Some observations on the Inb antigen and evidence that anti-Inb causes accelerated destruction of radiolabeled red cells.
Ferguson DJ., Gaal HD.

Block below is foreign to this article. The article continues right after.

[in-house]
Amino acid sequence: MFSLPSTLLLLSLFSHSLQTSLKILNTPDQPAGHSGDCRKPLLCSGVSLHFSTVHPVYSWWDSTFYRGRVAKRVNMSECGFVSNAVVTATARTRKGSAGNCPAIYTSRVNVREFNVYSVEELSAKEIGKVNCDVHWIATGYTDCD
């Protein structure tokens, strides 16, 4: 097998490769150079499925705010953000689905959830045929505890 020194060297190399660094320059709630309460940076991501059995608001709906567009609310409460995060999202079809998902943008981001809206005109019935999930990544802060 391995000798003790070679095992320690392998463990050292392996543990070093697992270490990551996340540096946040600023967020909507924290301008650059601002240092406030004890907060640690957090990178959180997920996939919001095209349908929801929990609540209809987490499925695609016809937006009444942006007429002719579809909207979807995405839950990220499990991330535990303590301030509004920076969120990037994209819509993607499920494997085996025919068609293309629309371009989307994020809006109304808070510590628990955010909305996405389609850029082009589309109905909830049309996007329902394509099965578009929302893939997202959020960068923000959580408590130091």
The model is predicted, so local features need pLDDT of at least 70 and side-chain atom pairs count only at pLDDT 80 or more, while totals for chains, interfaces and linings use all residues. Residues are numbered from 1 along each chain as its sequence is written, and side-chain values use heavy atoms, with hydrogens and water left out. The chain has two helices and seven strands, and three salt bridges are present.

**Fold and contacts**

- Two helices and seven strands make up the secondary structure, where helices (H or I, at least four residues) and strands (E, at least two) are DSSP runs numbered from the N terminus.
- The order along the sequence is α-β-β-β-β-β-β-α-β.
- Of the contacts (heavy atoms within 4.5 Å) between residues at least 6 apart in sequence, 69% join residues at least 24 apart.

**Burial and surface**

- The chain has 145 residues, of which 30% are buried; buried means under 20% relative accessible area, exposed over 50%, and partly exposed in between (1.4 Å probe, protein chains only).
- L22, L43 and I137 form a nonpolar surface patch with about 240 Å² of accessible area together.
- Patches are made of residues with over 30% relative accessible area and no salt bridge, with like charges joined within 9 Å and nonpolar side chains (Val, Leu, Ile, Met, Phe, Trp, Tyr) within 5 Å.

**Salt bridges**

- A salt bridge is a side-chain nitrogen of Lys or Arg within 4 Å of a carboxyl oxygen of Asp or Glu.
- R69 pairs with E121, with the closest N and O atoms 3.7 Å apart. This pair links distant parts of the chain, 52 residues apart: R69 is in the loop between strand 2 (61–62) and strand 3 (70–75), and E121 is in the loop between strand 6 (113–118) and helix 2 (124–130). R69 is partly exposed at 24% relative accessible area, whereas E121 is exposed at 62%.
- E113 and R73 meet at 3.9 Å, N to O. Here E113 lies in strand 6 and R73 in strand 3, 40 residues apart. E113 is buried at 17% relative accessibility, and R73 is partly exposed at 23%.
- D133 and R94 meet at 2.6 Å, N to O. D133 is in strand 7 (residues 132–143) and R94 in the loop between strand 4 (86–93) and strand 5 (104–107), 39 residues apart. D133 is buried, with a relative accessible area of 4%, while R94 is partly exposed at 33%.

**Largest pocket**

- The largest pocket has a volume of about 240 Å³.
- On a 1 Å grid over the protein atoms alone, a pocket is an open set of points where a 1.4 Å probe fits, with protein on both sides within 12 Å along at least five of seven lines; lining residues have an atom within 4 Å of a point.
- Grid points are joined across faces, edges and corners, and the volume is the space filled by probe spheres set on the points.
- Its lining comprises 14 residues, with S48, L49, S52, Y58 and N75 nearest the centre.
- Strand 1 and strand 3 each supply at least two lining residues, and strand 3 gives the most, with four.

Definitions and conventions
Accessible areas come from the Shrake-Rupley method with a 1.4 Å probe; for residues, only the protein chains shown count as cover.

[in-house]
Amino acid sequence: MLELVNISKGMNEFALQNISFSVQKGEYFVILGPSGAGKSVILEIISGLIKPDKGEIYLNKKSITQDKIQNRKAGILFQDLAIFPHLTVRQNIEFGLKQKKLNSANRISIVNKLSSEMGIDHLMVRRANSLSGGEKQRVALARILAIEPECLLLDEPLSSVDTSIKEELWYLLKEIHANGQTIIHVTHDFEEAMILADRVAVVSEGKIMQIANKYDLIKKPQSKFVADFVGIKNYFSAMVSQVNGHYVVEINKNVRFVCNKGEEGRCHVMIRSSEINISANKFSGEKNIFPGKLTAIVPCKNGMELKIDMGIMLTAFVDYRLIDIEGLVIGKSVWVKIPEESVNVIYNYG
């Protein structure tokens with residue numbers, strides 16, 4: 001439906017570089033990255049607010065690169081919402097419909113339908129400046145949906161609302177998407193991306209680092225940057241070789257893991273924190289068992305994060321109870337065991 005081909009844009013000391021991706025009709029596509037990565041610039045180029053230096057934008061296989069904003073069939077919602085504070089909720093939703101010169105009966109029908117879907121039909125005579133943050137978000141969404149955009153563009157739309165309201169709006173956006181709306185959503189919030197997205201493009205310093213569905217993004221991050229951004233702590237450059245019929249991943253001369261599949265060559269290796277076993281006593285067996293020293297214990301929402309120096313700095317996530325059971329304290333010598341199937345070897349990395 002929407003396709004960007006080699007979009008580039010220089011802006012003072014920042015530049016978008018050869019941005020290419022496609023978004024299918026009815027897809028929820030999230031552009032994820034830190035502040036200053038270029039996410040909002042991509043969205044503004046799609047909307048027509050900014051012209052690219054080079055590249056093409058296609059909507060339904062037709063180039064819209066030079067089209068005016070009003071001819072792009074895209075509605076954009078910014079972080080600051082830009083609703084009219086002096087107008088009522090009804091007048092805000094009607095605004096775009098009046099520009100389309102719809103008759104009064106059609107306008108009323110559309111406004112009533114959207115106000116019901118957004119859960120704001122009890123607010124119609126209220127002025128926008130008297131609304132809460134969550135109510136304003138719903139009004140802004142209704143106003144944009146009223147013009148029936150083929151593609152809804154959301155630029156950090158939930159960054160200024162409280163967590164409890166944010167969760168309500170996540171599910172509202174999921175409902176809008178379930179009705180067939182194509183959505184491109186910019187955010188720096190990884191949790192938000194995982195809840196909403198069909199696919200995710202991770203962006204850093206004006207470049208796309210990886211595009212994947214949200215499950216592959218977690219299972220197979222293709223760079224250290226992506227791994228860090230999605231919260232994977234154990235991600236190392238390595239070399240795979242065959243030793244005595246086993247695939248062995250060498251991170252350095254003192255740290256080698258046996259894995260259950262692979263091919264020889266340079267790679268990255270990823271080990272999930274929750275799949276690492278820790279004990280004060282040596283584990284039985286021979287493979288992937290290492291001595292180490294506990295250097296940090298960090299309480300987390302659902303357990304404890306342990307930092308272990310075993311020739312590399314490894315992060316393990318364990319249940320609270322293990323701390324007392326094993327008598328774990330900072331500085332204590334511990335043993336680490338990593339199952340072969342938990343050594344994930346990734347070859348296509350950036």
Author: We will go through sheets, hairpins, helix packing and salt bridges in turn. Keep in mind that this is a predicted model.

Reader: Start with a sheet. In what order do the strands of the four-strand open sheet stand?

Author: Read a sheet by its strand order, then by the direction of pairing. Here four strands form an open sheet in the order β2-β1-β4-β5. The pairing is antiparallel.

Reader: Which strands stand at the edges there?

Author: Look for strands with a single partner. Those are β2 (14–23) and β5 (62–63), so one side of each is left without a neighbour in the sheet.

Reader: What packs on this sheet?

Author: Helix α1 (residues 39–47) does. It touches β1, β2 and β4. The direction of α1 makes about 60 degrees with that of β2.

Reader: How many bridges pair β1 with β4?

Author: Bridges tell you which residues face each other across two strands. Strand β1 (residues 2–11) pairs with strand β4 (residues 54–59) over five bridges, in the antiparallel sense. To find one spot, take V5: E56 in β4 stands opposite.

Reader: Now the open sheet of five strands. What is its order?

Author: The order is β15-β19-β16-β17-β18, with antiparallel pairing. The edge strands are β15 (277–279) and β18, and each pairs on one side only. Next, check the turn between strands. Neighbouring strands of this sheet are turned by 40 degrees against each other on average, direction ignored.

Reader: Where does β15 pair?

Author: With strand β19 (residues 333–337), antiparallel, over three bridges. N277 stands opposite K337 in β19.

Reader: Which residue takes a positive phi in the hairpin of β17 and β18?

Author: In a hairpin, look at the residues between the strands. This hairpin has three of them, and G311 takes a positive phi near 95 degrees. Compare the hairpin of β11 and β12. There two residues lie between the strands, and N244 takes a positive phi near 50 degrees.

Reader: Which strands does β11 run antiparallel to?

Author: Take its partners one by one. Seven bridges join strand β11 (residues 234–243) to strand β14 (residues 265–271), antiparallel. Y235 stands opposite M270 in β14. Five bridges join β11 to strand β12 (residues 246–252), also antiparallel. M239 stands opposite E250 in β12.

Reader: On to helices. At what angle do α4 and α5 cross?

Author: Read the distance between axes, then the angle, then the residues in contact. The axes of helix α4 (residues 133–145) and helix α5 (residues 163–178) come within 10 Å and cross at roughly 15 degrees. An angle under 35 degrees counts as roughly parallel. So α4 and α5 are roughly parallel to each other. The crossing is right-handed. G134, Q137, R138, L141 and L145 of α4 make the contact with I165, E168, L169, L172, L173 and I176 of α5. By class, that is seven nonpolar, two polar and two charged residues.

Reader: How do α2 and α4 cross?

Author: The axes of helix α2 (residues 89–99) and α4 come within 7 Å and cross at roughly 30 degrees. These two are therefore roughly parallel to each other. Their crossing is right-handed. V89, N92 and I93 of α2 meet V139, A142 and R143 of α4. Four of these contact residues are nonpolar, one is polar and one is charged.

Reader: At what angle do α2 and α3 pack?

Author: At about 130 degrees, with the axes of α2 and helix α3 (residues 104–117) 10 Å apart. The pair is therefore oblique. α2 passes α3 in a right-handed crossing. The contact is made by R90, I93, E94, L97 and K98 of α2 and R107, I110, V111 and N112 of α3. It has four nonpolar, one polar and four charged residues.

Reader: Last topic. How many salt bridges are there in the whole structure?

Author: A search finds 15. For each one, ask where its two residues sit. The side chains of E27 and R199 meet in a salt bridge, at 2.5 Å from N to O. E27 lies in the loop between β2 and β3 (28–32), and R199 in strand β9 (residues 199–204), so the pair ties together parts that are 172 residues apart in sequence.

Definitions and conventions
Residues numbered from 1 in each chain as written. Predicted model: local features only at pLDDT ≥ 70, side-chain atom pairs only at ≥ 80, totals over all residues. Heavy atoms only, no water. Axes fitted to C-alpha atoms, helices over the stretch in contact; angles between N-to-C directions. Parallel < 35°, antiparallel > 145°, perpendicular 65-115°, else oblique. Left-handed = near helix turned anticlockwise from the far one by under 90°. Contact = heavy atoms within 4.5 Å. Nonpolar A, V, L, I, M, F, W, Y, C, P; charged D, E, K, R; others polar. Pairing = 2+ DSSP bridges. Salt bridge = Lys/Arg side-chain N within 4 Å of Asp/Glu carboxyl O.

This report describes an example of anti-Inb, a red cell alloantibody directed against a high-frequency antigen, detected in a prenatal sample obtained from a Canadian woman of Asian Indian extraction. Although the antibody is IgG1, it could not be detected in the serum or on the red cells (RBCs) of her In(b+) infant. Evidence is provided that the Inb antigen is denatured by papain, ficin, trypsin, bromelin, cystein-activated papain/dithiothreitol, 6 percent aminoethylisothiouronium, and 50 mM dithiothreitol, but not by neuraminidase. Inb antigen strength appears reduced on the In(Lu) type but not on the LuLu type of Lu(a-b-) RBCs. RBCs from a patient with paroxysmal nocturnal hemoglobinuria showed normal Inb antigen strength as did Ko, Ge:-2,3, Ge:-2,-3, and Yt(a-) RBCs. A RBC survival study using 51Cr-labeled In(b+) RBCs showed 97 percent survival 90 minutes after injection but reduced survivals of 62 and 14 percent at 24 and 96 hours, respectively. These results indicate that this example of anti-Inb is unlikely to be implicated in an immediate hemolytic transfusion reaction, but that delayed extravascular hemolysis might occur.